|Austrian 2 Thaler Emperor Franz Joseph I|
|Austrian Double Thaler Southern Railway Commemorative Coin|
Obverse: Wreathed head of Franz Josef right. Laurel tips point to KA in legend.
Legend: FRANZ JOSEPH I . V . G . G . KAISER V . OESTERREICH / A / C.R. / (COPIA countermark)
Reverse: Lighthouse flanked by a locomotive and a ship, Arms of Vienna and Trieste.
Legend: VOLLENDUNG DER OESTERREICHISCHEN SÜDBAHN 1857 / 2. VEREINS THALER
Mint Place: Vienna (A)
Denomination: Double Thaler (2 Thaler)
Mint year: 1875 (restrike of 1983)
Material: White Metal / Tin
Weight: 32.35 gm
Diameter: 41 mm
Commemorative double thaler , which was originally issued in a low mintage of only 1,644 pcs. and is hard to find in any conditon. A decent original specimen is nowadays not available below $3000, therefore this official restrike, which was issued during 1983 makes still a nice addition to each Austrian and Railway coins collection. The Numismatica Istria has issued these marked restrikes in high quality to mark the 10th anniversary of the organisation.
The present day rail network of the city of Trieste is based, for the most part, upon railway lines constructed by the former Austrian Empire.
The Austrian Southern Railway (German Österreichische Südbahn or just Südbahn , Slovene Južna železnica ) was an Austrian railway company established in 1841. It was the main railway company in the Austrian Empire (later Austria-Hungary) operating train services between Vienna and Trieste until 1923.
Today, the term Südbahn is still used to refer to the railway lines which were formerly operated by it: from Vienna via Bruck an der Mur to Graz and via Slovenia to Trieste (Southern Railway). Historically incorrect, the term is sometimes also applied to the railway line from Bruck an der Mur via Klagenfurt and Villach to Italy (Tarvisio).
The railway company was established to create train services between the capital city of Vienna and the busy Adriatic sea port city of Trieste in order to meet trade demands in the upcoming age of industrialization.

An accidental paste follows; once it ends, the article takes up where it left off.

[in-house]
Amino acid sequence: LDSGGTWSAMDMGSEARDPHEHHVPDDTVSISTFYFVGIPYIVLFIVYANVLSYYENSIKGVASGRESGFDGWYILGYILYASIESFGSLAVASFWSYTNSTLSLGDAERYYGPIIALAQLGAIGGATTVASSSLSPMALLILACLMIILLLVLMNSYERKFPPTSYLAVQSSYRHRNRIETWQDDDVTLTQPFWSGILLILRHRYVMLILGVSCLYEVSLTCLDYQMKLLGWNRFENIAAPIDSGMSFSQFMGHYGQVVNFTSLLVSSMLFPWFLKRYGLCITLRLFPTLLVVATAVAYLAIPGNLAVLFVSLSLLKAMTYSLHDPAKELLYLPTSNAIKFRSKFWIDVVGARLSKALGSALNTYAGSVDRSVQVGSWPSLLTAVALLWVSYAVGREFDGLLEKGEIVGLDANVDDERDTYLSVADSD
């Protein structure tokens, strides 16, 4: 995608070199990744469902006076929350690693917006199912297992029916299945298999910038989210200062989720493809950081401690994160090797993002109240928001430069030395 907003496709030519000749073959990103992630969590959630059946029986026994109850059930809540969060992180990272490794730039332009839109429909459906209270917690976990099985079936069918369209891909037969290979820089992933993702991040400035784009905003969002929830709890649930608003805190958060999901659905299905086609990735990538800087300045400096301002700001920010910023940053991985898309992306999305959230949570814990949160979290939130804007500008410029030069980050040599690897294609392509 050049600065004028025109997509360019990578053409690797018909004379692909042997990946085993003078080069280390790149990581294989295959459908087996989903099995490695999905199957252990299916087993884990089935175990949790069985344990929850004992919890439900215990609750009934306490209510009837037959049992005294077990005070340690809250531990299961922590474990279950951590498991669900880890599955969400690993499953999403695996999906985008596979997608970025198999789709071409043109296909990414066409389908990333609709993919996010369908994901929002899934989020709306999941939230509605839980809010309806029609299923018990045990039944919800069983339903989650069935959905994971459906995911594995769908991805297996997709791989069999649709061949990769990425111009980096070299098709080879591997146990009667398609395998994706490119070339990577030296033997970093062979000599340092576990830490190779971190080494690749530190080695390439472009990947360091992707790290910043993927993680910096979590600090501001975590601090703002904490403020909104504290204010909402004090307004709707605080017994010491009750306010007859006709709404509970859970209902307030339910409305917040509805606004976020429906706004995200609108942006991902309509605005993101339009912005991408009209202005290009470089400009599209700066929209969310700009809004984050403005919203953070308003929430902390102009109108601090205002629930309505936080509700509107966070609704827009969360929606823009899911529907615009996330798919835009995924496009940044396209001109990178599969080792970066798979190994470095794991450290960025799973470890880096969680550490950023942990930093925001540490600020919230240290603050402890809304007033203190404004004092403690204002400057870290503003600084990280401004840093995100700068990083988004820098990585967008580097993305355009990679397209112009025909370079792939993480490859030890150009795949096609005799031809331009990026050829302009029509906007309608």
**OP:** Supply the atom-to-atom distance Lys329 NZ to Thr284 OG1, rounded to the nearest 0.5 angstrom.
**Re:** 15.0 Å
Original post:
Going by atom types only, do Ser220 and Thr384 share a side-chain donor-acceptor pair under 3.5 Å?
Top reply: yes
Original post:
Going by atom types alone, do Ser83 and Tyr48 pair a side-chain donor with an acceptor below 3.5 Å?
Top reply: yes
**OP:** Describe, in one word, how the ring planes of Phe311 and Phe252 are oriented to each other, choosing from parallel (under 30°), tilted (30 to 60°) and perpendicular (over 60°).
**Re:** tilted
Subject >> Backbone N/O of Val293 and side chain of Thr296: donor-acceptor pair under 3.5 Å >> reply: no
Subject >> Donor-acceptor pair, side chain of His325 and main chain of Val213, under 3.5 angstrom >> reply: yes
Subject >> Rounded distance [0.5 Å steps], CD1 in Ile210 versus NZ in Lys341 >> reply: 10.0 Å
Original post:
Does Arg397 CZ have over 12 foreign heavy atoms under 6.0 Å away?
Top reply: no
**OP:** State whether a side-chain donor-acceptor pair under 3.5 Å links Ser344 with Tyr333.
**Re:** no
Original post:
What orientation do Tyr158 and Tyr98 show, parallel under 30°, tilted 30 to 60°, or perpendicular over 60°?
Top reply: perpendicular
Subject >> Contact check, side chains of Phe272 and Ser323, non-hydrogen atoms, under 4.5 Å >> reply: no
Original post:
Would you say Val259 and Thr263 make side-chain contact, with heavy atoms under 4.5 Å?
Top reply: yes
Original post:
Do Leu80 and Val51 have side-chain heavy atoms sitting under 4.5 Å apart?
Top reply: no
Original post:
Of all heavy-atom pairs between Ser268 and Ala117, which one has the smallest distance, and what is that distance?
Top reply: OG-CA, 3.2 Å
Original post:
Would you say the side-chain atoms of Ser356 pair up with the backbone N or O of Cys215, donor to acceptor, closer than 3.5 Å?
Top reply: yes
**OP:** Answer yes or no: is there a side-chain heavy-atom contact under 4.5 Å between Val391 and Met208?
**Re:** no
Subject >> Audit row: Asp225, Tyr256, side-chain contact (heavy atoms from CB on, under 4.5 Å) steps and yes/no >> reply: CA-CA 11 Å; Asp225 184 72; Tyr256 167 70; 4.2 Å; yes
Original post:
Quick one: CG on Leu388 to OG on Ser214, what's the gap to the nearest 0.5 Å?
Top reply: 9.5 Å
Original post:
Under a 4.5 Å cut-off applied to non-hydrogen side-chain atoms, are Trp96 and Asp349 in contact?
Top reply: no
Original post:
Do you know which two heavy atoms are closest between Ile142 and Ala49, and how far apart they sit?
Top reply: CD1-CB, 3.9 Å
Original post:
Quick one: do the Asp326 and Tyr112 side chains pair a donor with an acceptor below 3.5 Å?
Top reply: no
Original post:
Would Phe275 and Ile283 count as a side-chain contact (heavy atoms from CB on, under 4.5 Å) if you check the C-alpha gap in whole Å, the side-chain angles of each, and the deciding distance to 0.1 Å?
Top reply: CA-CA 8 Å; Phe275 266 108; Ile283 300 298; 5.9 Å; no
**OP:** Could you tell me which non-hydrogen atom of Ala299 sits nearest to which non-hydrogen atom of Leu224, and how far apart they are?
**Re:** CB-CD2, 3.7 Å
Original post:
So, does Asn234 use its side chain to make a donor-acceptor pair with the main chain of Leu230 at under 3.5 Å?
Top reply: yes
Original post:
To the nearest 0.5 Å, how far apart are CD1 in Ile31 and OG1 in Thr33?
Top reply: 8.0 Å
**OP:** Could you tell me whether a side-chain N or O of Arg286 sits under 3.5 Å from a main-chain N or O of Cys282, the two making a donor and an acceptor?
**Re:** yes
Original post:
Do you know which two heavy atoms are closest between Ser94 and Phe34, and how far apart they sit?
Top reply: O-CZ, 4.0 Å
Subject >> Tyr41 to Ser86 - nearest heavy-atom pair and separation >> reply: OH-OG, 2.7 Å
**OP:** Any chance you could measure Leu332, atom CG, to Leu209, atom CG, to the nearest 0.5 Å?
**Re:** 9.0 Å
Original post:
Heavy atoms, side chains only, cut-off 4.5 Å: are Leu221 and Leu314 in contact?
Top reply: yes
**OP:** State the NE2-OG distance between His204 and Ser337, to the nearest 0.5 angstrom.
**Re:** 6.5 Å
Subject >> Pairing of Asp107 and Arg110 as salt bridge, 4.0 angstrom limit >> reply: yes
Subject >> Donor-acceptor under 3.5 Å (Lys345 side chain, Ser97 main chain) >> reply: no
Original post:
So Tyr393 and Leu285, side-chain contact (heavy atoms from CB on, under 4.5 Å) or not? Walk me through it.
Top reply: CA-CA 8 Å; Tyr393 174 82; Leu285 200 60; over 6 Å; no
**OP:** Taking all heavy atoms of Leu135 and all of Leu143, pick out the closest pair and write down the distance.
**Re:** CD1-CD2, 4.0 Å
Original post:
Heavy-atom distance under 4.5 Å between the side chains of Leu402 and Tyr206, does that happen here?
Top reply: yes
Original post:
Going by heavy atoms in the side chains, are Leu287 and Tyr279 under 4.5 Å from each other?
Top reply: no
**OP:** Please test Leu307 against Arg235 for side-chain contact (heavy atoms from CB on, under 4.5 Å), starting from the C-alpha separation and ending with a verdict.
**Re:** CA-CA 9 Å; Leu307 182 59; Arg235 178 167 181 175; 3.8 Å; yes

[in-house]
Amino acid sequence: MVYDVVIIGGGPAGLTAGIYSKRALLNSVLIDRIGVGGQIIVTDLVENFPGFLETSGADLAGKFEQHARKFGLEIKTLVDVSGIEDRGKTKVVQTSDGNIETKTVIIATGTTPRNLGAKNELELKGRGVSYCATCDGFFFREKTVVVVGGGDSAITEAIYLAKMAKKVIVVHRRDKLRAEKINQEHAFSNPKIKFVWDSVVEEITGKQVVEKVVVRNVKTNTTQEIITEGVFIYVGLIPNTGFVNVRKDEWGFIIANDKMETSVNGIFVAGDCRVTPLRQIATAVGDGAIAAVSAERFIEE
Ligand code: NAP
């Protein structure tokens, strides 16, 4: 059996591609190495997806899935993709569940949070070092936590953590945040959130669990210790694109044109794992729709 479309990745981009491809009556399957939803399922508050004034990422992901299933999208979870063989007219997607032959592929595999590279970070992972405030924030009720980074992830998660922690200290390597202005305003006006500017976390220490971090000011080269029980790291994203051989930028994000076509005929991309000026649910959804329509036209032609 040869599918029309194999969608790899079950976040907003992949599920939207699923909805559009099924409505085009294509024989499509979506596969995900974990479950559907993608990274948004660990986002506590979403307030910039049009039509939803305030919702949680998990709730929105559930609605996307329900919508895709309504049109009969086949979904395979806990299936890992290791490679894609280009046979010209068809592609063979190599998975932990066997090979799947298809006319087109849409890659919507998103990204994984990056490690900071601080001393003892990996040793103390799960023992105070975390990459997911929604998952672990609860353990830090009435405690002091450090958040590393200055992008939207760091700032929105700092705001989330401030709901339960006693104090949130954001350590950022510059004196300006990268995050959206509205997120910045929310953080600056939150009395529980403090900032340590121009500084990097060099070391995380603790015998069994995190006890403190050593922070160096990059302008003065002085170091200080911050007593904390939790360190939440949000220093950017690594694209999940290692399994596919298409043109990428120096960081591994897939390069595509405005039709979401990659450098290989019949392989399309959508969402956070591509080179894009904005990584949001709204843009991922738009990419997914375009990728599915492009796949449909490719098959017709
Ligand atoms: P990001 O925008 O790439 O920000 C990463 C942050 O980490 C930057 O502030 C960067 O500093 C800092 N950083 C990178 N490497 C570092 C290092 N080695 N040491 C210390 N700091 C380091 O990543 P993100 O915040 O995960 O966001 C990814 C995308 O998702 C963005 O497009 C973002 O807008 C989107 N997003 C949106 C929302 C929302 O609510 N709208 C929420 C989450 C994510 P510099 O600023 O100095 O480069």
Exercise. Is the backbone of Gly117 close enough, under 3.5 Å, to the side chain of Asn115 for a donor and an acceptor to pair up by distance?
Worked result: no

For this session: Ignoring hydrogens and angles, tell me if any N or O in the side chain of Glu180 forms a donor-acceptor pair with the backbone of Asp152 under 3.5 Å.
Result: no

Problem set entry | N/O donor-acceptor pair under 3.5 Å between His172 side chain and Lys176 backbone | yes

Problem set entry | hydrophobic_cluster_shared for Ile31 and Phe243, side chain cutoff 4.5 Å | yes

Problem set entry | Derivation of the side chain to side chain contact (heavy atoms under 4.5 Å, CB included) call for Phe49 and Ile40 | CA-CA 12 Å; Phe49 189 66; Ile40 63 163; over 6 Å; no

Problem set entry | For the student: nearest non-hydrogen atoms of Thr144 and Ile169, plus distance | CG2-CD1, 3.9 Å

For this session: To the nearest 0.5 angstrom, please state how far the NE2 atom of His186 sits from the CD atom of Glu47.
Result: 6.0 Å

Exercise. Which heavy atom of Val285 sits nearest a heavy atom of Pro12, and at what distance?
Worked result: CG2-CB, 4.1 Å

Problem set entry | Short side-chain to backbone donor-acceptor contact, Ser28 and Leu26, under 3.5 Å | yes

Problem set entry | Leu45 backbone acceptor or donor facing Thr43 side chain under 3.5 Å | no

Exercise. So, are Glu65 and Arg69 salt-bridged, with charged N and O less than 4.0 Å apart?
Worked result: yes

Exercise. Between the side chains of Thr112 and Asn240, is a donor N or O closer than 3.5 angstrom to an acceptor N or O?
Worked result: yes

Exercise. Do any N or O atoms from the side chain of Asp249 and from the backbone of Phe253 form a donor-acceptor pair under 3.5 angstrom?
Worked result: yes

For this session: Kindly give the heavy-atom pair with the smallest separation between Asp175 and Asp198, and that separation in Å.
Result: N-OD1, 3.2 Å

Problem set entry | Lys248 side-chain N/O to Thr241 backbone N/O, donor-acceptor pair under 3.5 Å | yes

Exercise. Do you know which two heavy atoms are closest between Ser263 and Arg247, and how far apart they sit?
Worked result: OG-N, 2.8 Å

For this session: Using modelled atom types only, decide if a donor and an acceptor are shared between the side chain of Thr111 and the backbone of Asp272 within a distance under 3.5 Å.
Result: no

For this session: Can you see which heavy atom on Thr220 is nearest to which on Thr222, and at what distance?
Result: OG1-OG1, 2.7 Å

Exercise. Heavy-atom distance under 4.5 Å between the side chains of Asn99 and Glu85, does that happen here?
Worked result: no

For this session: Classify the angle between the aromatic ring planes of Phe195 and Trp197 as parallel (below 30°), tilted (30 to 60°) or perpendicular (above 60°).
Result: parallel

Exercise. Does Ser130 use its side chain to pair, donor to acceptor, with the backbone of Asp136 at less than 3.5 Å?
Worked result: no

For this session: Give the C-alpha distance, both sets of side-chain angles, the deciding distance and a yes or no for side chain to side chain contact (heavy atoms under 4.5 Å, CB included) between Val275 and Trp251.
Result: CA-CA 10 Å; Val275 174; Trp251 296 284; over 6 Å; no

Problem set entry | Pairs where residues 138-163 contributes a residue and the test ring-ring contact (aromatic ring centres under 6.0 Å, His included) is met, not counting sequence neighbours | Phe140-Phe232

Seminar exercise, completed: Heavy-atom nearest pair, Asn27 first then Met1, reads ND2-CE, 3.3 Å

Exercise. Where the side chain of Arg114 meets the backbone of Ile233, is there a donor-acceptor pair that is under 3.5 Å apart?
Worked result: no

Construction began in 1839 and the first section between Vienna and Gloggnitz was completed by the private Wien - Gloggnitzer Eisenbahn Gesellschaft in 1842. On 27 July 1857, the Austrian railway company k.k. Südliche Staatsbahn (SStB) completed the construction of Trieste's first railway facilities. They formed part of the Vienna–Trieste railway from Mürzzuschlag via Graz and Maribor and Ljubljana to Trieste, via the Semmering pass. On the same day, in the presence of the Austrian Emperor Franz Joseph I, the new terminal station at Trieste, including its relatively modest original passenger building designed by the engineer Carl Ritter von Ghega (Italian: Carlo Ghega), was officially opened. It had been built on reclaimed land, at the site of the present Trieste Centrale. The two lines were connected by the Semmering Railway, when the railway over the Semmering mountain pass was built according to construction plans by Carl von Ghega between 1848 and 1854.
The following year, on 23 September 1858, the station, along with the rest of the line, passed into the ownership of the private railway company Imperial Royal Privileged Southern Railway Company of Austria, Venice and central Italy (German: Kaiserlich königliche privilegierte Südbahngesellschaft), following the takeover by that company of the privatised k.k. Südliche Staatsbahn, which constructed another line from Maribor via Klagenfurt, Villach and Lienz to Franzensfeste. The inclusion of Trieste in the main axis of the Austrian Südbahn generated an economic upswing in the largest and most important port city ruled by the Austrian monarchy, and strengthened its position in the Habsburg Empire. It lifted Austria-Hungary's international sea trade and established Trieste as the main sea port of all Southern and Eastern Central Europe (Lloyd Triestino). Trieste became the Empire's fourth largest city after Vienna, Budapest and Prague and the railway had substantial influence in developing tourism along the surrounding Adriatic coasts which made Trieste the center of the so called Austrian Riviera. Rapid development of trade routes to and from Trieste, and therefore also the city itself, soon led to a decision to replace the original passenger building. The new, more elegant, and richly styled Neo-Renaissance structure was designed by Wilhelm von Flattich. Its most notable features were a monumental hall, later known as the Royal Hall, and a majestic glass train hall. Its inauguration took place on 19 June 1878.
After World War I Trieste fell to Italy in 1921 and in 1923 the remaining Austrian part of the company was nationalized. During World War II the Südbahnhof was damaged and rebuilt only in 1956, while Ostbahnhof was integrated into it. Graz Main Station also had to be rebuilt after being totally destroyed by bombs, it was reopened in 1955.
During the Cold War trade between Vienna and Trieste was mainly run through Tarvisio in Italy which tracks had been equipped with electric power by 1963; the same for the branch from Vienna into Graz and Yugoslavia.